MSU mourns the loss of two students

Trevor Ball, 19, accidentally drowned in Ennis Lake on Labor Day, Sept. 1 while swimming with friends.

The freshman, who was a member of the Honors College, planned to major in biological and chemical engineering. He was a “great, great student,” according to dean of the Honors College, Dr. Ilse-Mari Lee.

Ball was one of ten valedictorians who graduated from Helena Capital High School in June and was awarded a Governor’s Best and Brightest Scholarship to attend MSU. “He was so excited to be here,” recalled Lee.

Although Ball was only at MSU for just under two weeks, “I’ve learned through his friends that he was such a beloved person,” Lee said, adding that many students attended his memorial service in Helena on Saturday, Sept. 6.

Ball was captain of his high school wrestling team and a varsity football player, although according to his obituary, “Rugby was his greatest passion.” He played on the Helena Hooligans under 19 rugby club during high school, being chosen twice for the Montana Youth Rugby Association’s Select Side.

“[Freshman] orientations — they’re big, but I remember my interaction with Trevor because he was so proud of the South African [rugby] shirt he had on, and of course I immediately saw that and I was so excited about that,” Lee, a South African native, recalled.

Ball had also been a People-to-People Ambassador to Italy and Greece and a member of the Montana Conservation Corps.

Lee described his death as “very tragic … All of us who were touched by him felt privileged to know him.”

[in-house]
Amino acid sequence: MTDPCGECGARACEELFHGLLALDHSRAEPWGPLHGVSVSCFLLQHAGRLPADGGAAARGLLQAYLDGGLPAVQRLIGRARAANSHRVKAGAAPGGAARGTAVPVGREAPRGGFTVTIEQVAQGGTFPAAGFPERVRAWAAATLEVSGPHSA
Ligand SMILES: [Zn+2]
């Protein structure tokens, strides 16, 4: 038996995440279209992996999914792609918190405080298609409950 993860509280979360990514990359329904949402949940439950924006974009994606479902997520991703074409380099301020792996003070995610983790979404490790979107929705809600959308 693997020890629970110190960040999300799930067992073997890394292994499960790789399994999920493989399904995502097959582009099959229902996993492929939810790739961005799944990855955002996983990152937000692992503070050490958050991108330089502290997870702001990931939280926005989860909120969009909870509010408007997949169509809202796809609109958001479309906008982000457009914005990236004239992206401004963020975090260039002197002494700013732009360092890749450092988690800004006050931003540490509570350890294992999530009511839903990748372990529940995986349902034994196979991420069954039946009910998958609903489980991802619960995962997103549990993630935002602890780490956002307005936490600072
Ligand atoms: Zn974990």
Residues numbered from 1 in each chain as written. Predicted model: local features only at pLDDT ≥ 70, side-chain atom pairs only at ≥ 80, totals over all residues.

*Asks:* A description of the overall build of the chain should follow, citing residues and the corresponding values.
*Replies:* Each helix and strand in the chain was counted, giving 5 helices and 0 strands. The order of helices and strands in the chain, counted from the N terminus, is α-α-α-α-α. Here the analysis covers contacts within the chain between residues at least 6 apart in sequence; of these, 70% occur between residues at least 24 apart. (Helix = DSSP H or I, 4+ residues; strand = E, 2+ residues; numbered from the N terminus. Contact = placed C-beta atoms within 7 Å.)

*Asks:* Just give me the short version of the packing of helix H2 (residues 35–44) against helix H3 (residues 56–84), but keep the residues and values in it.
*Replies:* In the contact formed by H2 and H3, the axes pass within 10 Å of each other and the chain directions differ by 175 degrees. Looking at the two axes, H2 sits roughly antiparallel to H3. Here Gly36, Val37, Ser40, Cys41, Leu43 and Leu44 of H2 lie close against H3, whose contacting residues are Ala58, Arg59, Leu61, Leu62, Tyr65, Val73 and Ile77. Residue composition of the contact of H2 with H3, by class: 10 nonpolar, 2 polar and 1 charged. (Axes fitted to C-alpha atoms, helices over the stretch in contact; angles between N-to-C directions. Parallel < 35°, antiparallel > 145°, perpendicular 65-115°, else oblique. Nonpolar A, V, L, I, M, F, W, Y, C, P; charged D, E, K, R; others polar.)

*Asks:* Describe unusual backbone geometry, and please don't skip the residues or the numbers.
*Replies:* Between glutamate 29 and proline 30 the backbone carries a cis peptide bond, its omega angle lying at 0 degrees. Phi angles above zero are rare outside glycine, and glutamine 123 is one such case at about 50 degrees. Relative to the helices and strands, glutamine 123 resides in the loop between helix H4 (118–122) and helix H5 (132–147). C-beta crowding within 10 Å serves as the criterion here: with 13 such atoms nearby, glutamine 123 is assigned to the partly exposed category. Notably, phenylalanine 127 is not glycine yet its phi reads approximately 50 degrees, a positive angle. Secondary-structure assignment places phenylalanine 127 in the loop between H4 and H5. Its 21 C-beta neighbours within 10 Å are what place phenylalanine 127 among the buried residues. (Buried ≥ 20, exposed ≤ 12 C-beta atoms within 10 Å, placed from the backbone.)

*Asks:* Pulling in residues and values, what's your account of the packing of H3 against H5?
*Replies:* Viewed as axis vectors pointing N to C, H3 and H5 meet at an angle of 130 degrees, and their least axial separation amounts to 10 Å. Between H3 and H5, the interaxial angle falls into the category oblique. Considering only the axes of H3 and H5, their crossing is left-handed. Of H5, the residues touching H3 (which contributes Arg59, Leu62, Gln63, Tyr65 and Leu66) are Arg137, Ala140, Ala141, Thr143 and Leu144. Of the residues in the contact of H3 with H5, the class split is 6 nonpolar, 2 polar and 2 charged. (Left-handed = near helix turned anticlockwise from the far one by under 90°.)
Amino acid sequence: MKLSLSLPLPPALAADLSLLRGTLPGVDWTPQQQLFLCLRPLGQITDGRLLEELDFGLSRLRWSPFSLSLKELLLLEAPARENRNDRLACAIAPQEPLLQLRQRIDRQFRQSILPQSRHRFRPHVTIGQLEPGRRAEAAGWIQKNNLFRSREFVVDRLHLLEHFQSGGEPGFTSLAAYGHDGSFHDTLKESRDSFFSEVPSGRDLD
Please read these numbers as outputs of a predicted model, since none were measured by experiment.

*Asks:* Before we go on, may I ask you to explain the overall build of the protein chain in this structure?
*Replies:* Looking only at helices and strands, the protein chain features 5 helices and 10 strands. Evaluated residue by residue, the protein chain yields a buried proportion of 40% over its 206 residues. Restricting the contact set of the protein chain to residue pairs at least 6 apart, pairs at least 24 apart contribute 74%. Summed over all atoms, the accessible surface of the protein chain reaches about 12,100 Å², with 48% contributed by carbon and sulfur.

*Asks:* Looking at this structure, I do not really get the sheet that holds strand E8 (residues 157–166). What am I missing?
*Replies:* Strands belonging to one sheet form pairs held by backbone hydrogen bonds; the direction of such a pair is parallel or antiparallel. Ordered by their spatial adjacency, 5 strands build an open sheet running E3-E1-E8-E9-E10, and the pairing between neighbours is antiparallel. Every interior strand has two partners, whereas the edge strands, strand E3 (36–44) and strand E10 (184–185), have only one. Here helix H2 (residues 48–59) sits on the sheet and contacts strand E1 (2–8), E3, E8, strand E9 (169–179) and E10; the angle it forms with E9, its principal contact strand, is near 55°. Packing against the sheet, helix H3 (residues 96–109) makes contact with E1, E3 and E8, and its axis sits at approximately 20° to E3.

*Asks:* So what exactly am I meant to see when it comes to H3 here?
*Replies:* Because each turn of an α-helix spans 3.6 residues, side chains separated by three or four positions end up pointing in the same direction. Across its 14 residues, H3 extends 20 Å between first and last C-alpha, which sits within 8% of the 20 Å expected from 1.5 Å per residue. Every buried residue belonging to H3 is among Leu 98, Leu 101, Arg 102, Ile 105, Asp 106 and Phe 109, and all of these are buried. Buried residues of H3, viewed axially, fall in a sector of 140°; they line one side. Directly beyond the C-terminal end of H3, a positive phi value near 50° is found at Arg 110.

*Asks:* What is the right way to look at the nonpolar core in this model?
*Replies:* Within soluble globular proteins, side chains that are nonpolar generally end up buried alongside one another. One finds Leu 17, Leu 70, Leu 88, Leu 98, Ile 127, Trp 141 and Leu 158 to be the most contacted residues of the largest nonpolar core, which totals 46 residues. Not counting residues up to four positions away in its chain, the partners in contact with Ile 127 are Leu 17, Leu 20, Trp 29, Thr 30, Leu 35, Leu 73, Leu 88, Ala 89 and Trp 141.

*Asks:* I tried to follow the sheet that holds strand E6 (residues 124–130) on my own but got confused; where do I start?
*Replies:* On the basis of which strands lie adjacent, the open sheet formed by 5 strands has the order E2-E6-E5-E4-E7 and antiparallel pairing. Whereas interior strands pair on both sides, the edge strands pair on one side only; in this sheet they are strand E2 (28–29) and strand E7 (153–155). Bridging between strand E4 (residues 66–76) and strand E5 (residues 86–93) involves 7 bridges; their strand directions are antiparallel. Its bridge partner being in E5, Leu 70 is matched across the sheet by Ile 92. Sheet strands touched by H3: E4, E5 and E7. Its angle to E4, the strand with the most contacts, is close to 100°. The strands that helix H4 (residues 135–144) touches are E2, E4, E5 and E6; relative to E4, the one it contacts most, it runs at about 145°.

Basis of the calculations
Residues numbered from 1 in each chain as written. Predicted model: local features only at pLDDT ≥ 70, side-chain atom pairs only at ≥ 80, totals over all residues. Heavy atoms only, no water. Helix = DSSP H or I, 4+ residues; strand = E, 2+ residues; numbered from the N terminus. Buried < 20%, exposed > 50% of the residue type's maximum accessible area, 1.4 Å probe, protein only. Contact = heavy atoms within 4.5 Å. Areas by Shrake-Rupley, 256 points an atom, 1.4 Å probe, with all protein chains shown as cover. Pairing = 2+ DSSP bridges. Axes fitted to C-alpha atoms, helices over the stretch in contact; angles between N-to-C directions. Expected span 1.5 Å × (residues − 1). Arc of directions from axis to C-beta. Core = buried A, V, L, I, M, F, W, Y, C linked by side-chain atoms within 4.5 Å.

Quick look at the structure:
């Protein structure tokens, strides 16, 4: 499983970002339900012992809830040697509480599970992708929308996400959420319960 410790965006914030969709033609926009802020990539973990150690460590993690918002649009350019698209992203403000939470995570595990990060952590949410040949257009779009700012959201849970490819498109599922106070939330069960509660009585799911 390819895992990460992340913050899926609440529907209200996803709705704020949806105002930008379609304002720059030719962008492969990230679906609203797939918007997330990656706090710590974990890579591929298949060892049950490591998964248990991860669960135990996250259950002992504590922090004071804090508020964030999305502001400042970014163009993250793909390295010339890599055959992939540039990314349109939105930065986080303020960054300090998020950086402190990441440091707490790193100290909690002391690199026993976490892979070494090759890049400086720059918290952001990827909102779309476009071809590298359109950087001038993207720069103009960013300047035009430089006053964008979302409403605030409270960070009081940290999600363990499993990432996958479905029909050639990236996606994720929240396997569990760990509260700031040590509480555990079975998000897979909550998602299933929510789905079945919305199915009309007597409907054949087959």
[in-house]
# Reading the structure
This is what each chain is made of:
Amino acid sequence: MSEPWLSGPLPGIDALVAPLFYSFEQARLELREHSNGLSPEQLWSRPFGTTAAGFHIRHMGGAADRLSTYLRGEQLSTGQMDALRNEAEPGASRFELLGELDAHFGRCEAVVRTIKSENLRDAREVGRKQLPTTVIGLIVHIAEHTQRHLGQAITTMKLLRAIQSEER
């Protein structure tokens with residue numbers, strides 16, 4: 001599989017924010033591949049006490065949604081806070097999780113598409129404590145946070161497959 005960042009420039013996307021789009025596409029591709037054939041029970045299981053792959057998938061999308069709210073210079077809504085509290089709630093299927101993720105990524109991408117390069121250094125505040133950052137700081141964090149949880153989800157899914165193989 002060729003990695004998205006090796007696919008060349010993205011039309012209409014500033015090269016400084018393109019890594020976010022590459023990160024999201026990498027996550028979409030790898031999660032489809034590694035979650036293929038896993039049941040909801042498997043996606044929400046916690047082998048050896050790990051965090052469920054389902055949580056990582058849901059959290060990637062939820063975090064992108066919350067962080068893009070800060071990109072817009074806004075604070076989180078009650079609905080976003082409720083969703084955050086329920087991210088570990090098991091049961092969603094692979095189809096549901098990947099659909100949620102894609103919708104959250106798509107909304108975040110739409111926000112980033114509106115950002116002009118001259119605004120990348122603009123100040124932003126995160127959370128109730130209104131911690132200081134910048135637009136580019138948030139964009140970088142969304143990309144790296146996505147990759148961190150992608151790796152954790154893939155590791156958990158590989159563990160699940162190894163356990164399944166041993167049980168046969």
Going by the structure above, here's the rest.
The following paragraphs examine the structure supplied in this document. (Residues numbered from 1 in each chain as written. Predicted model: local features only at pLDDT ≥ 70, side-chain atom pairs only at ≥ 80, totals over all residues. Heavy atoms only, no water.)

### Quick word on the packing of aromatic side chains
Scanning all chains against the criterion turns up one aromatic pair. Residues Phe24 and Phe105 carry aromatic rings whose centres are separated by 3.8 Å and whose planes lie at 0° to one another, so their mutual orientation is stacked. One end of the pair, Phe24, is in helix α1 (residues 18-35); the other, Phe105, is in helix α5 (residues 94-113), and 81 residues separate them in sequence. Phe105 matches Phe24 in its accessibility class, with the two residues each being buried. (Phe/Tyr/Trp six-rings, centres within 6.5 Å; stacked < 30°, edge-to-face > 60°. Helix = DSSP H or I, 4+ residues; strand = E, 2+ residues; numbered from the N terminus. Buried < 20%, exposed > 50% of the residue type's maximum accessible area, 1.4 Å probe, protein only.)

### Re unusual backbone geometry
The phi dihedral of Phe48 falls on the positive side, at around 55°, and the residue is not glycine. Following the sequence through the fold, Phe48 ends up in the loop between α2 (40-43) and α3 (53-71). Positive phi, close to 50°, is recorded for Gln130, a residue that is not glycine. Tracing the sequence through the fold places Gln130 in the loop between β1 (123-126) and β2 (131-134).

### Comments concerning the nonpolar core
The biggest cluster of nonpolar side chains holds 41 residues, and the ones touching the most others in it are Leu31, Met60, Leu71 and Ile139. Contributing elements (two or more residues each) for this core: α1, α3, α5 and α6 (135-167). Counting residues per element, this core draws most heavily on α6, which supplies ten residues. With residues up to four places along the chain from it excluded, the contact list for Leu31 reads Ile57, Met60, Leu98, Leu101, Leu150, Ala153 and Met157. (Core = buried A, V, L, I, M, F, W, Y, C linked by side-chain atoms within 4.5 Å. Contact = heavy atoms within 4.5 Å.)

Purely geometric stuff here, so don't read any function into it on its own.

For those wishing to honor Ball, donations can be made to the Search and Rescue Teams of the Gallatin and Madison county’s or to an organization or charity of the donor’s choice.



Joseph Morelli, 20, was killed in a single-vehicle accident on U.S. Highway 287 near Hebgen Lake in the early hours of Saturday morning, Sept. 6.

Morelli was a junior in mechanical engineering at MSU, and his friend of three years, Katie Holleron, described him as “the happiest person I ever knew in my entire life.”

“He had this smile that would turn everybody’s day around,” Holleron recalled, saying that Morelli told her that “all you need to keep you warm is your smile.”

Morelli had a passion for travel and adventure, spending last semester abroad in New Zealand and visiting places like Thailand and Fiji. He also loved to be outside, camping or skiing nearly every weekend. “He was only here unfortunately for 20 years, but in that 20 years he did more than any 50-year-old man,” Holleron said.

A talented and entirely self-taught guitarist, Morelli loved music. Holleron first met Morelli at summer orientation where both were wearing Grateful Dead shirts. “He was a total deadhead, even though deadheads are only a thing from the 60s and 70s,” Holleron recalled with a laugh.

During both semesters of his freshman year, Morelli made the Dean’s Honor Roll. “He loved school … I’ve never seen someone walk out of the library with a smile after sitting there for ten hours studying, but Joe did,” Holleron said, adding that “the only thing that got him down was when he didn’t do well on a calculus test.”

The Park City, Utah native also loved to spend time with both friends and family. “Everytime he went out he would meet ten new friends,” Holleron said, “No matter what he made his friends a priority.”

“They say that a candle that burns twice as bright only lasts half as long,” Holleron said, “Joe was the brightest light I have ever seen in my entire life.”

“Everyone who didn’t get to meet him should be dissapointed because the love and life that you feel when you meet Joe Morelli is beyond beautiful … There’s no words when you meet him, and there’s no words when you lose him.”

In memory of Morelli, donations can be made to the Joseph James Morelli Scholarship Fund, which is for students with learning disabilities graduating from Park City High School who have a chosen a career in engineering. Checks should be made to Park City Community Foundation with Joseph James Morelli Scholarship Fund on the memo line and then mailed to PCCSF, P.O. Box 681499, Park City, Utah 84068. Donations can also be made online at